This study examines the impact of renewal policy changes on the risk of disenrollment in the FHKP. In addition, we examine whether the policy changes had a differential impact on children with different health status levels. We also control for sociodemographic characteristics that may influence parents' decisions to renew their children's coverage. Effective July 1, 2004, the passive renewal process for the FHKP was replaced with active redetermination. The active renewal process requires families to complete a Renewal Request Form annually supplemented with (1) proof of income and (2) information about their access to employer-sponsored family coverage and the cost of such coverage if it is available to them. If families do not provide all of the required documentation, their children are disenrolled from the program.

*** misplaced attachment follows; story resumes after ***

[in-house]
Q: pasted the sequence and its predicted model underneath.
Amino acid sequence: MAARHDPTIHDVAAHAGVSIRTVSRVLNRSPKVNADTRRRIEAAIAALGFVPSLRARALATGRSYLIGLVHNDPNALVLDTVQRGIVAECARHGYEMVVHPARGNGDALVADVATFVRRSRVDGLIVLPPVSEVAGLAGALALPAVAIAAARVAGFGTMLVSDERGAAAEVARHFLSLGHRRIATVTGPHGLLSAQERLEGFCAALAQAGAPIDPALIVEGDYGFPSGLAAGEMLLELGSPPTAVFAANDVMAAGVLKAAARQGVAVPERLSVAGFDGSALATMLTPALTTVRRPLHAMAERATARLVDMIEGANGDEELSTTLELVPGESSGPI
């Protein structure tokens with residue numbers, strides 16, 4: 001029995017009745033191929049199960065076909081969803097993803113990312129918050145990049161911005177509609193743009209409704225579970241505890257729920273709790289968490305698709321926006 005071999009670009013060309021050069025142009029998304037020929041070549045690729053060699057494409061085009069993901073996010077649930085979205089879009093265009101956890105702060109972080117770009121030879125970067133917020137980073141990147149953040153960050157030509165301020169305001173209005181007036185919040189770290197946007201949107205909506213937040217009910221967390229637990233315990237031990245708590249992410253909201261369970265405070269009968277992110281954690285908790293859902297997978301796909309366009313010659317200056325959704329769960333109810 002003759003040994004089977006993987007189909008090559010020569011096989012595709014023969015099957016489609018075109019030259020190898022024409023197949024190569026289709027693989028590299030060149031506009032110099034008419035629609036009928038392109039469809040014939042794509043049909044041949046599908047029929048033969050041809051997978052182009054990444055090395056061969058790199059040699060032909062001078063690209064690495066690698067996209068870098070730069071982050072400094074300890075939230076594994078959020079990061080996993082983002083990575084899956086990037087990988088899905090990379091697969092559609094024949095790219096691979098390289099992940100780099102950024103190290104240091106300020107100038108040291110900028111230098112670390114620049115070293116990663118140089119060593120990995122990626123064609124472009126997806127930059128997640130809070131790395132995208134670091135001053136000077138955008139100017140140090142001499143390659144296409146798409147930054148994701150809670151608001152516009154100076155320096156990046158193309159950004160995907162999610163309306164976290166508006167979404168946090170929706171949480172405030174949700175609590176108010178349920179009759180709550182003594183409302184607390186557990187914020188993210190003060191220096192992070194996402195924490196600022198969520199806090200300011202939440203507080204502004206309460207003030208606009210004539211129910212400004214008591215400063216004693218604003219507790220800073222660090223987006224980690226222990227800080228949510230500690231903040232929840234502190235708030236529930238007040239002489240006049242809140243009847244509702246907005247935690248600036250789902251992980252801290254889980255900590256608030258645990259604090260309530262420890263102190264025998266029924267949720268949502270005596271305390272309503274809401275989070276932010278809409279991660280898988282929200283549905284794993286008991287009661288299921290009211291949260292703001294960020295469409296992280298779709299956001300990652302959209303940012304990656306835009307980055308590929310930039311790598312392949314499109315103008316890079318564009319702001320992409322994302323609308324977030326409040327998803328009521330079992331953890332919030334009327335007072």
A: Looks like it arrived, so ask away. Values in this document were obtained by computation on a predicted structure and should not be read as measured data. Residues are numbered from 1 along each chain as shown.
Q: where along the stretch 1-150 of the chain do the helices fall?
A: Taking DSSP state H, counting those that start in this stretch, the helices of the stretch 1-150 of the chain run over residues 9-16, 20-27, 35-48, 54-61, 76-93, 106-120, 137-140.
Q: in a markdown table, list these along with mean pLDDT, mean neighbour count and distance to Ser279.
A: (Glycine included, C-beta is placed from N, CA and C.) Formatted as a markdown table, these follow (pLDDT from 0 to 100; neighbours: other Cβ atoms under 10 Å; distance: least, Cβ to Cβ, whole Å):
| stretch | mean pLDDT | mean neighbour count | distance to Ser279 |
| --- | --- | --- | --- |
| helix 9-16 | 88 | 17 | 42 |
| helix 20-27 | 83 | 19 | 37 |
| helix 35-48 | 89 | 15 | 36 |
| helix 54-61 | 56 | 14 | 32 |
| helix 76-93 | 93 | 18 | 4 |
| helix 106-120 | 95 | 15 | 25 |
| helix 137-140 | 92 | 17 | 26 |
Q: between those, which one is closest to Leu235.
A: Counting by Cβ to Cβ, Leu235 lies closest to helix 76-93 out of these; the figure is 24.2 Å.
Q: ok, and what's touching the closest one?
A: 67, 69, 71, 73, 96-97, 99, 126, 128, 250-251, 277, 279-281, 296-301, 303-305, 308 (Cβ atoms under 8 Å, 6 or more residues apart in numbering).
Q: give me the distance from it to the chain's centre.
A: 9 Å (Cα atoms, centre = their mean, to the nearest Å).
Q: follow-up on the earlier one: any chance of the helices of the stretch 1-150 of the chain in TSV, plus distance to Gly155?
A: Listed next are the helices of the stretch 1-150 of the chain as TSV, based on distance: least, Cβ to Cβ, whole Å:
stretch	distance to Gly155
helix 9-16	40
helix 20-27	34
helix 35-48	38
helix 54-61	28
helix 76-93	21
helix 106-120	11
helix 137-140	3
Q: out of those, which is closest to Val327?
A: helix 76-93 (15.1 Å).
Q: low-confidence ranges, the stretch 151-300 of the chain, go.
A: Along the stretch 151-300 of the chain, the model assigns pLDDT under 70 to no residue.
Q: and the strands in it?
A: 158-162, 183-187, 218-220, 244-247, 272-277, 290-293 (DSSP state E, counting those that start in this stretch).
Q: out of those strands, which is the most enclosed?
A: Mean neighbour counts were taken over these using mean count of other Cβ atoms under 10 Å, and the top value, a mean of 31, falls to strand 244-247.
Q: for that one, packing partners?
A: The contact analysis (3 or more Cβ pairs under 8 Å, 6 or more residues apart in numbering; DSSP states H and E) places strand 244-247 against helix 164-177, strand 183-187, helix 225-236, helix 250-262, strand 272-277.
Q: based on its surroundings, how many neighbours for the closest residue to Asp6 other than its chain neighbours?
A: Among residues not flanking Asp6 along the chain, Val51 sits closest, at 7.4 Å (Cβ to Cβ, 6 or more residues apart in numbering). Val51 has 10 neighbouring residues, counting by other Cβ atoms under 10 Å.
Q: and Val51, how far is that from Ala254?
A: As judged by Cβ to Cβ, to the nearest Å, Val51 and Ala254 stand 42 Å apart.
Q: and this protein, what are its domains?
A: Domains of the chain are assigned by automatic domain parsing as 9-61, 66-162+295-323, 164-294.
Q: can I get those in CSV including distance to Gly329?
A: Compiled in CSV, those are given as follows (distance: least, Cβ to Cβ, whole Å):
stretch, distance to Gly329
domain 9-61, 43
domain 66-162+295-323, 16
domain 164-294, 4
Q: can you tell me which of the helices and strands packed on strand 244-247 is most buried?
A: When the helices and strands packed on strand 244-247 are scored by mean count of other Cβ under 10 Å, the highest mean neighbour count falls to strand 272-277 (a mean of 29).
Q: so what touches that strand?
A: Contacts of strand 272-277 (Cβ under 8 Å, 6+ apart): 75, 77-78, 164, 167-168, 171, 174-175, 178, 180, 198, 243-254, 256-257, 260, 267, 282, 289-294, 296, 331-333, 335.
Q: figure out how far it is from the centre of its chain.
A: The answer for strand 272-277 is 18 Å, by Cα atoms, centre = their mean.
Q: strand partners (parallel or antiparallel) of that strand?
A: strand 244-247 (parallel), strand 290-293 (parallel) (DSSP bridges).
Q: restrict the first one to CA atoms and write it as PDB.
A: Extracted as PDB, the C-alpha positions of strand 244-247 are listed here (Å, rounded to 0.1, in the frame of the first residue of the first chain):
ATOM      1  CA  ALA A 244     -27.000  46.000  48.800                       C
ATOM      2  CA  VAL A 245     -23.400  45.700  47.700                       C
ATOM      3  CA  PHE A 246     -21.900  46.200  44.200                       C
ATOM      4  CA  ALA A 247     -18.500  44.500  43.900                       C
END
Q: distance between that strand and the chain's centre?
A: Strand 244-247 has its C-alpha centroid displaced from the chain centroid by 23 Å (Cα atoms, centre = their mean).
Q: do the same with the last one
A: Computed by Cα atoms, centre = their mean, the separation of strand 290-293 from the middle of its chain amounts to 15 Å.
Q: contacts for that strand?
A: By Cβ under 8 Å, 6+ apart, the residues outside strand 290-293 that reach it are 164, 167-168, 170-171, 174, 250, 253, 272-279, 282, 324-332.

This study extends the analysis by Dick et al. (2002)
in three ways. First, we use multivariate survival analysis techniques which allow us to examine multiple factors that may influence children's disenrollment at redetermination. These factors include family income, rural or urban residence, and child age, gender, and health status. This was not possible in the Dick et al. (2002)
analyses because of differences in data availability across the states. Second, we take into account program transition, so a child is not considered disenrolled until s/he leaves public health insurance altogether. Finally, we include long-term program enrollees instead of including only children who were newly enrolled during the observation period.